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Our holdings include hundreds of glass and film negatives/transparencies that we've scanned ourselves; in addition, many other photos on this site were extracted from reference images (high-resolution tiffs) in the Library of Congress research archive. (To query the database click here.) They are adjusted, restored and reworked by your webmaster in accordance with his aesthetic sensibilities before being downsized and turned into the jpegs you see here. All of these images (including "derivative works") are protected by copyright laws of the United States and other jurisdictions and may not be sold, reproduced or otherwise used for commercial purposes without permission.

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[REV 25-NOV-2014]

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Crawford House: 1910

Crawford House: 1910

Boston, Mass., circa 1910. "Crawford House." Plus: Schlitz, big teapots and an early payphone. 8x10 glass negative, Detroit Publishing Co. View full size.

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Crawford House

I love this photo. My great-great grandfather Nathan (Nat) Prescott (originally Bruske) was a bouncer for the Crawford House. He was also a vaudeville performer, a horse-drawn ambulance driver, and later, a driver for Mayor Curley. I wish I could find more pictures of the inside the Crawford House and learn some stories of his time there. It seems he must have been quite a character.

Isaac Blair

The contractor whose name is on that small frame building, Isaac Blair, is still in business in the Boston and New England area. They've been bought by another company, but retain the original name.

The Steaming Kettle

Actually, to quibble with an early commenter, one thing remains from this photo -- the large kettle seen hanging at the entrance of the Oriental Tea Company. It was preserved during the demolition of this area and now hangs outside the Starbucks across from City Hall Plaza.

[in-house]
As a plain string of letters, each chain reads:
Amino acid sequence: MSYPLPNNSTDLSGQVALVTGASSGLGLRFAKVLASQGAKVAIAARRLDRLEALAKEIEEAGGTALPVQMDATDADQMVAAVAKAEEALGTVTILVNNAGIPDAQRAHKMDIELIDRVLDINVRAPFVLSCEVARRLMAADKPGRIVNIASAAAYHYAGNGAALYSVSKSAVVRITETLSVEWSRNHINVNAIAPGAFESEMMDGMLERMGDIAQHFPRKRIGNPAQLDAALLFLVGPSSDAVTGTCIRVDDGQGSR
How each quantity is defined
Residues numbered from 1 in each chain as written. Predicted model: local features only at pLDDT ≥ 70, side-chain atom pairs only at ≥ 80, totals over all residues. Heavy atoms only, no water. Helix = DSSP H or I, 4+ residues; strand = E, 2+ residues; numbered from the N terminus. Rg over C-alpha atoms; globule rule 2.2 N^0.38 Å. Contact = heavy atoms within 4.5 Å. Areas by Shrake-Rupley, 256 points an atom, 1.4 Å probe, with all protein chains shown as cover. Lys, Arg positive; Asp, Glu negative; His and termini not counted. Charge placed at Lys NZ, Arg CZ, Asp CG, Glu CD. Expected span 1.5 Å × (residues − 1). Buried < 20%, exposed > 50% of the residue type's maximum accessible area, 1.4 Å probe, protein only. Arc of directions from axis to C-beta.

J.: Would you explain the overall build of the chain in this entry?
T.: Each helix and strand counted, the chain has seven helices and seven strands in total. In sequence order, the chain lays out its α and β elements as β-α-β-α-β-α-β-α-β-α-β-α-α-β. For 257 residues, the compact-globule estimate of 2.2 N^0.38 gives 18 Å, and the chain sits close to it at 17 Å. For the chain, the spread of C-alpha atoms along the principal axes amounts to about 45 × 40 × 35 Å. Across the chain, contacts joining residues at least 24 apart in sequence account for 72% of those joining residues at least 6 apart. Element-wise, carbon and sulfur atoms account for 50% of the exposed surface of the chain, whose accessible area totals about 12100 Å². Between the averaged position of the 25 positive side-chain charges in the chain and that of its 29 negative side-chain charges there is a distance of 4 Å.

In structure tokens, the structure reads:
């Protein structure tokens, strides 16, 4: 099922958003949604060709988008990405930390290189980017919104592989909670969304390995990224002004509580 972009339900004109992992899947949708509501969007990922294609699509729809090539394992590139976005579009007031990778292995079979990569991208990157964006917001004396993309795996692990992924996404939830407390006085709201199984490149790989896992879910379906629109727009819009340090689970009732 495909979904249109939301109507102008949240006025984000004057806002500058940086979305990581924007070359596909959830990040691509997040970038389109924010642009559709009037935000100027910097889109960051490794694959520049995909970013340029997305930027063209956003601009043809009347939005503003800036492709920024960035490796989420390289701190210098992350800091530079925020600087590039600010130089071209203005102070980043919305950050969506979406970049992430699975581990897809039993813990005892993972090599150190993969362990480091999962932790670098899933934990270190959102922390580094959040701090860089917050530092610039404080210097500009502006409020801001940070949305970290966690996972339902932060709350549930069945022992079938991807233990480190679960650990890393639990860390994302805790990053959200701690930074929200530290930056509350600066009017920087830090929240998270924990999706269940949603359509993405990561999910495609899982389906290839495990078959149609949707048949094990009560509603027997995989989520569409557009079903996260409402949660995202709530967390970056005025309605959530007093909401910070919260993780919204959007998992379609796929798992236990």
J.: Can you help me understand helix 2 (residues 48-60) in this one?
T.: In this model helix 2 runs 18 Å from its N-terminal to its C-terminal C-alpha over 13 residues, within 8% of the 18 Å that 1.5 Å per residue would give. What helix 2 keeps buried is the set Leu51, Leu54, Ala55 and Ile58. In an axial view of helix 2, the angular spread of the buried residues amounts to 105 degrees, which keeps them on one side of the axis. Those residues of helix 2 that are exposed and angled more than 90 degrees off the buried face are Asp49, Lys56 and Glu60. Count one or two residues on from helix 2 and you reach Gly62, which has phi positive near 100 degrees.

Some photos of the kettle from a variety of angles, in a variety of eras

Tea Kettle

The tea kettle in the photograph was made by my great-great-grandfather, Erastus Beethoven Badger, a coppersmith in Boston in the 19th century, and patriarch of a fairly prominent family in those days.

Watcha selling, Mac?

The man on the corner looks to be selling flowers. But what are the things dangling from his display?

[Alarm bells. - Dave]


Below is a 1950s view from Brattle to Court via Ben Franklin Avenue or Way. (That's the alley that runs next to the former VA Clinic and now Veterans Shelter.) The map shows the 1850s layout in the area.

Brattle and Court

We're at the intersection of Brattle and Court streets. Subsequently paved over by the "Brick Beach" of Boston's lovely City Hall Plaza, according to several commenters.


Brattle Street, center, running away from the camera. On the right can be seen the old entrance to the Brattle subway station. Though a part of the larger Scollay Square station it had its own name.

Crawford house was the home base of the much beloved Sally Keith a dancer who had the ability to twirl tassels, one attached to each bosom, in different directions.

Street construction due to extension of the East Boston Tunnel from a new station beneath the existing Scollay Station (replacing the old Court St. station) to a point near Russel St. and Cambridge St.

Nothing in this picture remains. Scollay Square and the surrounding area was razed in 1963 in the name of progress. In truth, it was the theft of our heritage.


The ones on the corner may have kept the National Security Bank safe from violation, but I fear there will be an outraged shriek from the real estate office in a moment.

Guess the tea kettle

"The tea pot was a famous tourist attraction for many years. The reason is due to a huge publicity stunt. On January 1st 1875, a contest was held to guess the capacity of the kettle, and Boston's Sealer of Weights & Measures officially measured it."

502 Haymarket

This might be the earliest pay phone seen on Shorpy.

Everywhere a sign.

I think that place on the left sells Tea.

SHORPY OLD PHOTO ARCHIVE | History in HD is a vintage photo archive featuring thousands of high-definition images from the 1850s to 1960s. (Available as fine-art prints from the Shorpy Archive.) The site is named after Shorpy Higginbotham, a teenage coal miner who lived 100 years ago.

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